Today I taught a very small class. Just three of my regulars. (It has been below zero here for a couple days and not everyone is silly enough to leave the house for things like yoga class.)
I assumed our transformation work would go quickly, working with partners to remove/reduce rotation in the back leg in Side Warrior (Virabadrasana B for those of you who do Sanskrit). I should know by now that what I think will be simple usually isn't, and what I think will be hard goes easily.
So here we are looking at legs, and I'm aware that one of the women is not getting what we're supposed to be looking at. It isn't important to me that she see it --- it is the first time I've ever pointed this rotation work out --- but she clearly is bothered. When her turn comes, her emotions are at the surface from frustration. And she is already holding tight to every instruction I have ever given in this pose. I try to tell her this isn't intended to change any of that, just to refine it. No good. By the time we have done "helping" her in the pose, she is so disconnected from her body and quite upset.
Once, years ago, I had the same response to too many instructions and tweaking. So many that I ended up cranky and disconnected. I looked at my student and very quickly put her through the same transformation work she had just done, only with minimal instruction and staying in the pose for a very short time. She stood up, calm, content, one with her body.
Life lessons learned today:
For the very cerebral, too much time and too much instruction only puts you further into your head.
As a teacher, know your students. Do not feed their imbalances.
Which leads me to this: All those ways you approach life may have served you well, but when they get in the way, can you change your approach? If you keep pushing through challenges, are there times when maybe you should just ease up? Can you persevere if it is your natural inclination to walk away from difficulty? Do you know yourself well enough to know your patterns of approaching life's challenges?
Watching how you approach a yoga pose can teach you a lot about your habits and patterns of mind. Taking yoga off the mat can happen while you're on the mat.
I have this friend who inspires me. I do not want to follow in her footsteps. While I enjoy hooping, it is not my joy. I do not necessarily need to become a public speaker like her, though I am good at that. What she inspires me to do is to find my joy.
Joy. That has been a meager commodity in recent years. My family was struggling financially. My husband was struggling professionally. And I was struggling to land in a new city and create a new life that I was determined would look much like the one I left behind in Michigan.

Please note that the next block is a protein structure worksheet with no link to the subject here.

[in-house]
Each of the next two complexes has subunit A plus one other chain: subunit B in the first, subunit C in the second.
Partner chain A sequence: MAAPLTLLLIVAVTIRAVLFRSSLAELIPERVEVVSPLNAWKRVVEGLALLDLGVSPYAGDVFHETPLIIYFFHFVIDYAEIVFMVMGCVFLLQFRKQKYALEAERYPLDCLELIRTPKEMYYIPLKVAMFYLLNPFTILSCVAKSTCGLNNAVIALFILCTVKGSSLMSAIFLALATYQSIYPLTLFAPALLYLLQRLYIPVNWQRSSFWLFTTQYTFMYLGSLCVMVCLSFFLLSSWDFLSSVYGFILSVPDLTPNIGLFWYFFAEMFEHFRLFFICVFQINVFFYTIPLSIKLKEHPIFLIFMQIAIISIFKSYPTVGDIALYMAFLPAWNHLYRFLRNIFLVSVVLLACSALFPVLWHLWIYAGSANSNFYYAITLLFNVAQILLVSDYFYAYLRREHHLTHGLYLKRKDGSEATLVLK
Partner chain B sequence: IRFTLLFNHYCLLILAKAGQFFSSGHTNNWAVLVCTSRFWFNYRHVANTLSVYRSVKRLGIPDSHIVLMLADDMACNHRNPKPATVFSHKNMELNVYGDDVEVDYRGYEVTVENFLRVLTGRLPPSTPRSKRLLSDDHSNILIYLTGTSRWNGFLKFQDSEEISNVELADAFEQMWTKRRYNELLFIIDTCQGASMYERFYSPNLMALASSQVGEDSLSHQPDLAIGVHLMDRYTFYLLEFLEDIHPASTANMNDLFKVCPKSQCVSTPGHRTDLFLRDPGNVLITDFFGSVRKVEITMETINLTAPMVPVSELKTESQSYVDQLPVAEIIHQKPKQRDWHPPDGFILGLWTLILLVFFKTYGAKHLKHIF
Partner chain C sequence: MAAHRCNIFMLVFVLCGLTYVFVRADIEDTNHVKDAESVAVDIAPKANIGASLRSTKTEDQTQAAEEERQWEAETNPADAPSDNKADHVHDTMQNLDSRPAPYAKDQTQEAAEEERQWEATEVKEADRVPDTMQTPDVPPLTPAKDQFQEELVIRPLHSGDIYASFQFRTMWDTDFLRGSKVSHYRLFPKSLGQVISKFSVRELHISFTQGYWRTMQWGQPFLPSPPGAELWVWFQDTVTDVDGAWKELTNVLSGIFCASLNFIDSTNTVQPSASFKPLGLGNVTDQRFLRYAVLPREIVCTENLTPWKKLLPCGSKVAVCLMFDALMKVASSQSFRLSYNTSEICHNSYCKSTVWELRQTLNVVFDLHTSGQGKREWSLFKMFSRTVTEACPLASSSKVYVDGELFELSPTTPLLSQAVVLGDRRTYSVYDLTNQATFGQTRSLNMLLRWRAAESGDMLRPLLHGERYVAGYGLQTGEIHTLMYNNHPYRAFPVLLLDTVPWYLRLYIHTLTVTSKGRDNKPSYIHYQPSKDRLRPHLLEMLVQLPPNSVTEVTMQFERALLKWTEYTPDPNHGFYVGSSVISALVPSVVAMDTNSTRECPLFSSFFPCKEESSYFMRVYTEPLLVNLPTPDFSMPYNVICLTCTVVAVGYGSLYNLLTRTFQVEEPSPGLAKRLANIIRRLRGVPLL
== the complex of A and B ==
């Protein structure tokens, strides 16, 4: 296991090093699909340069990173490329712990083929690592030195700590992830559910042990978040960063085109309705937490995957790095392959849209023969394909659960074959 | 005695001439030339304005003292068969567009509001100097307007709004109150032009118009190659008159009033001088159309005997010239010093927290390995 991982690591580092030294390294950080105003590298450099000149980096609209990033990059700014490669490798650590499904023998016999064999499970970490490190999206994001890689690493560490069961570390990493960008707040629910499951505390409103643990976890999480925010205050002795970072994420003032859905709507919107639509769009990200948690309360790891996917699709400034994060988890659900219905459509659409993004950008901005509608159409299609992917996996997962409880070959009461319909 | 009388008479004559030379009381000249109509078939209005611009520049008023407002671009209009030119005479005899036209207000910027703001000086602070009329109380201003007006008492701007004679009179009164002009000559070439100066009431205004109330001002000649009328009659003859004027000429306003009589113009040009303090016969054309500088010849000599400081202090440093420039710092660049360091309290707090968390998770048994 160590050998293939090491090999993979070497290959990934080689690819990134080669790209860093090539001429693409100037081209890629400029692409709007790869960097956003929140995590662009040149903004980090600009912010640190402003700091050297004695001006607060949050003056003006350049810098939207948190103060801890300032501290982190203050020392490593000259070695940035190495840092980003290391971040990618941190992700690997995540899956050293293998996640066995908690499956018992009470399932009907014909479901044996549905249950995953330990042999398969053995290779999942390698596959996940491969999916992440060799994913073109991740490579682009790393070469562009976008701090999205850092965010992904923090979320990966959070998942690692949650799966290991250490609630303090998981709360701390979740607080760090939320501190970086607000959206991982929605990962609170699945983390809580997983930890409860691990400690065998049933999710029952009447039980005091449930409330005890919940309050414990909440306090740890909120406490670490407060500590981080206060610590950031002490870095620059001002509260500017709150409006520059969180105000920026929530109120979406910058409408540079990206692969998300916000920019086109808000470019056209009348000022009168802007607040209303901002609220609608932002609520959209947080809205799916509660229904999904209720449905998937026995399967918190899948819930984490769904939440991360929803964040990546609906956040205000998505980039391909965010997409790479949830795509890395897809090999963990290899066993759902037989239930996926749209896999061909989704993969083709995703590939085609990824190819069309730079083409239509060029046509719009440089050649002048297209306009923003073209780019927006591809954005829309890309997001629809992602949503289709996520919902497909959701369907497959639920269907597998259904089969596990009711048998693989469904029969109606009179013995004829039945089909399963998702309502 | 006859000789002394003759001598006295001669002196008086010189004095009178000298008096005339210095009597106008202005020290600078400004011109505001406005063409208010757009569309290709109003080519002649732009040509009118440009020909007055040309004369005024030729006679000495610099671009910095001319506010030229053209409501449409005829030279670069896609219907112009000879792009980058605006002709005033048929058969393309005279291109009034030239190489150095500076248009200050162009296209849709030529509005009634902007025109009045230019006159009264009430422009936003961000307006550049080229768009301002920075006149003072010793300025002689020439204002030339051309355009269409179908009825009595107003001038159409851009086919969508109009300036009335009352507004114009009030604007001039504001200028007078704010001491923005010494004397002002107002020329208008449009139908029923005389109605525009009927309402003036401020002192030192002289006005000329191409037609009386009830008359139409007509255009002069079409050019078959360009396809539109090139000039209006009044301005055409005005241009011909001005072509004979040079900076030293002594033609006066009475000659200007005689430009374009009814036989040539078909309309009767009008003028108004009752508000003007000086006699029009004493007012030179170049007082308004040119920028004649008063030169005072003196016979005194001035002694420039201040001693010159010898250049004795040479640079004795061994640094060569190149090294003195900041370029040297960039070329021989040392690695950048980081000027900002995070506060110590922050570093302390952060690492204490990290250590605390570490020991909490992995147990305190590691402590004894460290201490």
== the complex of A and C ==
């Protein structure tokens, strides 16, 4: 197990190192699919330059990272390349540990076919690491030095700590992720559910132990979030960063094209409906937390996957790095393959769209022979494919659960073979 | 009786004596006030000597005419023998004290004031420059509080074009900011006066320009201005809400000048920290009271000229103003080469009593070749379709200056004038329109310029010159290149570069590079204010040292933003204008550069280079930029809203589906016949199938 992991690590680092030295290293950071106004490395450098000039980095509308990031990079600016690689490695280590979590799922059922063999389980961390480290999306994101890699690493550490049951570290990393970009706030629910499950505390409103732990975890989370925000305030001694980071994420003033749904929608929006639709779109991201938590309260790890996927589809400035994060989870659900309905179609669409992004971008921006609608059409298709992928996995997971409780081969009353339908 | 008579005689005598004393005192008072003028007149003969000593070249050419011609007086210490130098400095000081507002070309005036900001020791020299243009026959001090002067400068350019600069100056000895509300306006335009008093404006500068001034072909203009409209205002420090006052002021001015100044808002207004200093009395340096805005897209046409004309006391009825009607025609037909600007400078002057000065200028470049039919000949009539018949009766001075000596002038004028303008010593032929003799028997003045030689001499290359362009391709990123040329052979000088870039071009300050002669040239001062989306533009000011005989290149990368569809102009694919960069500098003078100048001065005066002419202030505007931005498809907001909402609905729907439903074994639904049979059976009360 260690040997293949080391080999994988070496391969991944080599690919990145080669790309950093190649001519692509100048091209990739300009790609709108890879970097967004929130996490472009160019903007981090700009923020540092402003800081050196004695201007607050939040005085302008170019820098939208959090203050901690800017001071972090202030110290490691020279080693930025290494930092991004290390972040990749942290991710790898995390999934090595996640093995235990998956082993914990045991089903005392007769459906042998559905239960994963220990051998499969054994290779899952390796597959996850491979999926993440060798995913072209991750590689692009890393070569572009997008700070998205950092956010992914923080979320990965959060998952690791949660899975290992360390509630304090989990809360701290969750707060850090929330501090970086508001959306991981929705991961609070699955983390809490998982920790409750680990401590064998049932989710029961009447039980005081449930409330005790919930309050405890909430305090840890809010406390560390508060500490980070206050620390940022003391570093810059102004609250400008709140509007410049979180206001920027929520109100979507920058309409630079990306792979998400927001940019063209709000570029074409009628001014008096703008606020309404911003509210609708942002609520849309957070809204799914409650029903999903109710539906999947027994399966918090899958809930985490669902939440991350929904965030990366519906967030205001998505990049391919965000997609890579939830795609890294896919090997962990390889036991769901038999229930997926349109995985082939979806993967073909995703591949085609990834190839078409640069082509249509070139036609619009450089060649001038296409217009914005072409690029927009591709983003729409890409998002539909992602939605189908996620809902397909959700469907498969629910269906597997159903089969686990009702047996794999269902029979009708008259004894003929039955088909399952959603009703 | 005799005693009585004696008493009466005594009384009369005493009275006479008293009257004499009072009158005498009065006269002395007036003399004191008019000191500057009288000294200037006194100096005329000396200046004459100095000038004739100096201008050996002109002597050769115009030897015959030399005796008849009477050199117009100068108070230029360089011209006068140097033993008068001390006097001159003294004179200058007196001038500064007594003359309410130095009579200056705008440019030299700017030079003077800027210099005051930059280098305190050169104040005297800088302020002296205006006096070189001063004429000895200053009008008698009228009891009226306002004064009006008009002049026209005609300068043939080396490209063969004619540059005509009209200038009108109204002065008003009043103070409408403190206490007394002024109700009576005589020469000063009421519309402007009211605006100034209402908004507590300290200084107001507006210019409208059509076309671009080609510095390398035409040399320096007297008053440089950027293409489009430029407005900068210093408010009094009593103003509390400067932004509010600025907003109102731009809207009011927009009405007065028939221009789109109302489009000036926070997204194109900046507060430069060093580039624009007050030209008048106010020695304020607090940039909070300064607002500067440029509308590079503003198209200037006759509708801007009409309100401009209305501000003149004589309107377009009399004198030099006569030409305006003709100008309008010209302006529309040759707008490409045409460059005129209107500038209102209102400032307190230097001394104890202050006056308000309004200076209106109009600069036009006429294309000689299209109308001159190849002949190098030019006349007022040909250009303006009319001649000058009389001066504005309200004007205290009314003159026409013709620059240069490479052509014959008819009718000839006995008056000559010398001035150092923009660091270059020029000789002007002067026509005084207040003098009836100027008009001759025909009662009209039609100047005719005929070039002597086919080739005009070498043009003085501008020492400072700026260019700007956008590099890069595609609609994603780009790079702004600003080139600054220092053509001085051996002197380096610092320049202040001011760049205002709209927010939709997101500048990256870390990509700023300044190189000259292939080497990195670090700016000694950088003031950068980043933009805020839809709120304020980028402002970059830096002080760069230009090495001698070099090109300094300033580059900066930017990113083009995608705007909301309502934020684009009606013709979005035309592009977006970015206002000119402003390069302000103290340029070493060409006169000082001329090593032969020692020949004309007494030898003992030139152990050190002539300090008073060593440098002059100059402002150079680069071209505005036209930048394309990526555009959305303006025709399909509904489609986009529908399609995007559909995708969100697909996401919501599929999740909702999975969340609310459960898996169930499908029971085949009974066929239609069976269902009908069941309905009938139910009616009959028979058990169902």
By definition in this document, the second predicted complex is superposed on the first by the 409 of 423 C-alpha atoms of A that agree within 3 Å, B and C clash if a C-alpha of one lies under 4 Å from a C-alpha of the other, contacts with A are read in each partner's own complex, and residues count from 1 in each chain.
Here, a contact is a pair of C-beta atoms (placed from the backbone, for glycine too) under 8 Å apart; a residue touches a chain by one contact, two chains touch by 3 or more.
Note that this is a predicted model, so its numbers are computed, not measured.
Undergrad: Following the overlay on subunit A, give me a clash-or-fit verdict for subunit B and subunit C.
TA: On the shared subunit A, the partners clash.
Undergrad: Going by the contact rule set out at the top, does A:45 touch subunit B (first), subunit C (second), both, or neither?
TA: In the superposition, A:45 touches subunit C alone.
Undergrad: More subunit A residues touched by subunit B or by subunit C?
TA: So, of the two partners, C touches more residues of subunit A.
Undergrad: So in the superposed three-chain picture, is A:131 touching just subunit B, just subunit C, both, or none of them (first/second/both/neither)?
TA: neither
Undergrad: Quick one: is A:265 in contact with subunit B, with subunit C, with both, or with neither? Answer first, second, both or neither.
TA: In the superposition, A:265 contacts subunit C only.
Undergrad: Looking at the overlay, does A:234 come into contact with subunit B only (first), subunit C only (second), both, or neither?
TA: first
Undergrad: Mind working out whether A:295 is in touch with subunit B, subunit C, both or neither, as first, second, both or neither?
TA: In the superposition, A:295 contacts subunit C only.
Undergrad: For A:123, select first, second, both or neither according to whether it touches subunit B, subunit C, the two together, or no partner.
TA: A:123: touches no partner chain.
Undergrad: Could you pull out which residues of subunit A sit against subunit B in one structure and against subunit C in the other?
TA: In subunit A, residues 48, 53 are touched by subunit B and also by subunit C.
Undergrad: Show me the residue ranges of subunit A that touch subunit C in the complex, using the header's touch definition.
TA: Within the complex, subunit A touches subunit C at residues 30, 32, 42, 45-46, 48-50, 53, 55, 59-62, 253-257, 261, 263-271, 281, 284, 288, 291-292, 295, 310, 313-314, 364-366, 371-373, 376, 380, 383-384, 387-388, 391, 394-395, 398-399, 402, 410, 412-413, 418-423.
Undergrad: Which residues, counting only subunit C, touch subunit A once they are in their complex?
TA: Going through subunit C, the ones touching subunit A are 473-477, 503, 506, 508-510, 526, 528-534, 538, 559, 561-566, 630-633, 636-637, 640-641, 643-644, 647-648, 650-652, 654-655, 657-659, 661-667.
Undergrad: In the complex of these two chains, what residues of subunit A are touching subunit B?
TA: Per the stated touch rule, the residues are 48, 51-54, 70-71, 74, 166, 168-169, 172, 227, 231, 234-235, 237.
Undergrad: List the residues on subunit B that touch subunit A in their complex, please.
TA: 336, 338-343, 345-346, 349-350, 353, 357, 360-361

So here I am, nearly two years after my move, and I am finding my way to joy again. My days look nothing and everything like they used to. I get up every morning and walk a dog in temperatures where no sane person should venture. I drive children to early morning practices, evening games, concerts and competitions. I have learned how to make a mean latte at the coffee shop where I still work a shift or two a week. I haven't managed to felt anything in over 18 months. I get on the mat several days a week to practice and learn from my body. I still don't have the yoga teaching schedule I want. But I do have new perspective.
One day last year, I sat down with Theresa Rose (yes, the one in the video above), and said quite clearly that I knew my old methods for re-creating my previous life weren't working. I couldn't figure out how to get over the brick wall in my way and and did she have any ideas. Now, Theresa has taken my classes and worked with me privately to learn to free up her body to move more fully with her hoop. She knows what I do and how good I am at it. Through her eyes, I was able to see what exactly it is that I am passionate about. And she helped me see new ways to bring that passion forth.
I have let go of assumptions about what I do and where it will best be enjoyed. I have reached out in ways I never had imagined and find myself creating a future that includes teaching weekend workshops in neighboring states; mentoring teachers interested in Eischens Yoga; renting spaces to create my own floating studio, Eischens Yoga MN; bringing a practice to address back pain to corporations. And you know what? I am actually doing all those things. They are not some distant future. They are now.
At a recent photo shoot, I realized that I feel most joyous in yoga not while doing certain poses, but while helping others experience something extraordinary in their own bodies. I asked the photographer to shoot me while I worked on other people, while I talked and explained and gave physical resistance to someone in a pose. Those photos were the most beautiful and joyous of the bunch.
Joy. Yep, I'm finding it again. And with it comes freedom and time and knowing I have enough, knowing I am enough. And guess who is planning on felting again this Spring?
Oh, Joyous Movement.
Deep, and not so deep, thoughts on yoga, art, parenting, dogs. You know, life.